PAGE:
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Books Books 1 - 10 of 180 on Why, man, he doth bestride the narrow world, Like a Colossus ; and we petty men Walk....
" Why, man, he doth bestride the narrow world, Like a Colossus ; and we petty men Walk under his huge legs, and peep about To find ourselves dishonourable graves. "
The speaker: or, Miscellaneous pieces selected from the best English writers ... - Page 192
edited by - 1851 - 364 pages
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The Manual of Liberty: Or, Testimonies in Behalf of the Rights of Mankind ...

Liberty - 1795 - 406 pages
...man of such a feeble temper -should So get the start of the majestic world, And bear the palm alone. Why, man, he doth bestride the narrow world Like a...peep about To find ourselves dishonourable graves. Brutus—and Ca:sar—What should be in that . Ciesar ? Why should that name be sounded more than yours...
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Dionysius Longinus On the Sublime: Translated from the Greek. With Notes and ...

Longinus - Rhetoric, Ancient - 1800 - 215 pages
...insupportable. So Cassius speaks invidiously of Casar, in order to raise the indignation of Brutus ; Why, man, he doth bestride the narrow world Like a...peep about To find .ourselves dishonourable graves. So, have neither the appearance nor air of Hyperboles. And this never fails to be the state of those,...
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Mrs. Jordan, Volume 2

James Boadan - Actors - 1800
...Athens, but I shall let " Rome" remain in the following quotation, which fairly applies to him : " Why, man, he doth bestride the narrow world Like a...peep about, To find ourselves dishonourable graves. When went there by an age, since the great flood, But it was fam'd with more than with one man ? "...
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The Plays of William Shakespeare: Accurately Printed from the Text ..., Volume 8

William Shakespeare - 1803
...temper1 should So get the start of the majestick world, And bear the palm alone. [Shout. Flourish. Bru. Another general shout ! I do believe, that these applauses...To find ourselves dishonourable graves. Men at some time are masters of their fates : The fault, dear Brutus, is. not in our stars, But in ourselves, that...
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The Plays of William Shakespeare, Volume 7

William Shakespeare, George Steevens, Nicholas Rowe, Samuel Johnson - 1804
...it doth amaze me, A man of such a feeble temper should So get the start of the majestick world, Bru. Another general shout! I do believe, that these applauses...To find ourselves dishonourable graves. Men at some time are masters of their fates: The fault, dear Brutus, is not in our stars, But in ourselves, that...
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The plays of William Shakspeare, pr. from the text of the corrected copy ...

William Shakespeare - 1805
...majestick world, A man of such a feeble temper 9 should And bear the palm alone. [Shout. Flourish. Bru. Another general shout! I do believe, that these applauses...To find ourselves dishonourable graves. Men at some time are masters of their fates: The fault, dear Brutus, is not in our stars, But in ourselves, that...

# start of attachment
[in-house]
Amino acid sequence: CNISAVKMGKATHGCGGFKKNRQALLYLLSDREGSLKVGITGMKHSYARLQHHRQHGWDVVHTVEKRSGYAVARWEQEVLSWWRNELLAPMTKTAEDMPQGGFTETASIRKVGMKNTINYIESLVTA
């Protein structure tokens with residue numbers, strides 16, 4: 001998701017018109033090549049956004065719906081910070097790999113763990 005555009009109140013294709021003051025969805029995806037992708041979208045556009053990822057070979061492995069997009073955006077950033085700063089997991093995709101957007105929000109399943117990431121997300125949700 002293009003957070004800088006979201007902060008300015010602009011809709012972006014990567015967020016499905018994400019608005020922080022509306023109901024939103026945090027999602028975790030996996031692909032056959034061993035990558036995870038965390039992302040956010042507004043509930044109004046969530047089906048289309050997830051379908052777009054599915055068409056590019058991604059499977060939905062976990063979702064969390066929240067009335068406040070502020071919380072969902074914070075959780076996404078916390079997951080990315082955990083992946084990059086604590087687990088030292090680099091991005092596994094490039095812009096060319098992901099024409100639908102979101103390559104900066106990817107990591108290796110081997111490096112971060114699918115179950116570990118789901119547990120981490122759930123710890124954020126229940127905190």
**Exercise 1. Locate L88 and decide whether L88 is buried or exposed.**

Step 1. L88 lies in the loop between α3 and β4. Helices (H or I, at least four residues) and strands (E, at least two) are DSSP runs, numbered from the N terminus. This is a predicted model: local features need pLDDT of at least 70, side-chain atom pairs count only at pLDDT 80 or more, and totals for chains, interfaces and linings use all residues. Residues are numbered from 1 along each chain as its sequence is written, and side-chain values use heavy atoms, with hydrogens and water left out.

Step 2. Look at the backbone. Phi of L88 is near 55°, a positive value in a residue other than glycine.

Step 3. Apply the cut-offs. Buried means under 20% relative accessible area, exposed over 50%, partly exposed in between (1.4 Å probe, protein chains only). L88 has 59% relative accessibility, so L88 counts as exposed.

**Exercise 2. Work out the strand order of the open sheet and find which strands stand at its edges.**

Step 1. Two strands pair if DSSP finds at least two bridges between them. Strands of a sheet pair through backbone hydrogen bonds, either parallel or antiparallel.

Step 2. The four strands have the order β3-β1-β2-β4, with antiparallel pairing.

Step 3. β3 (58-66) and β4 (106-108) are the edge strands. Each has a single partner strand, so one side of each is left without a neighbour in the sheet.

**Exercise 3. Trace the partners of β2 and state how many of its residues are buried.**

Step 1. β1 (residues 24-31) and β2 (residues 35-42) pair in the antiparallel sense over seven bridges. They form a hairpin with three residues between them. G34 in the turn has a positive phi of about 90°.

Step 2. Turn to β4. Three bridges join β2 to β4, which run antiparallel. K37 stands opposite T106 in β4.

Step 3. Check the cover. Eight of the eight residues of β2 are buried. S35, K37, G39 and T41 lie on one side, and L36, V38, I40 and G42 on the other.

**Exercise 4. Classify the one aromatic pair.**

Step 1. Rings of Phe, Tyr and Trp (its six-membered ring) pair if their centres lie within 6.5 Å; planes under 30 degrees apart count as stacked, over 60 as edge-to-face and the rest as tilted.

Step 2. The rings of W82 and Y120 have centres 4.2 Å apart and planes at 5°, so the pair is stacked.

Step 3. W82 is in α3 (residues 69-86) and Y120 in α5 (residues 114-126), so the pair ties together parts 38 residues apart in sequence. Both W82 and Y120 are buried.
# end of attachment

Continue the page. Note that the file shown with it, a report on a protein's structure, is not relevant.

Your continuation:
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The Plays of William Shakespeare : Accurately Printed from the ..., Volume 8

William Shakespeare - 1805
...on Ca Cas. Why, man, he doth bestride the world, ' feeble temper — ] ie temperament, constitutior Like a Colossus ; and we petty men Walk under his...To find ourselves dishonourable graves. Men at some time are masters of their fates : The fault, dear Brutus, is not in our stars, But in ourselves, that...
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The Plays of William Shakespeare: With Notes of Various Commentators, Volume 11

William Shakespeare - 1806
...shout ! I do believe, that these applauses are For some new honours that are heap'd on Caesar. Cos. Why, man, he doth bestride the narrow world, Like...To find ourselves dishonourable graves. Men at some time are masters of their fates : The fault, dear Brutus, is not in our stars, But in ourselves, that...
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The Plays of Shakspeare: Printed from the Text of Samuel Johnson ..., Volume 10

1807
...temper should So get the start of the majestic world, And bear the palm alone. [Shout. Flourish. Bru. Another general shout ! I do believe, that these applauses...To find ourselves dishonourable graves. Men at some time are masters of their fates: The fault, dear Brutus, is not in our stars, But in ourselves, that...
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The Dramatic Works of William Shakepeare: With Explanatory Notes ..., Volume 2

William Shakespeare, Samuel Ayscough - 1807
...shout ! I do believe, thai these applauses are For some new honours that are heap'd on Ca:sar. Cos. Why, man, he doth bestride the narrow world, Like...petty men Walk under his huge legs, and peep about To lind ourselves dishonourable graves. Men at sometime are masters ot their fates: Ю 1'he fault, dear...
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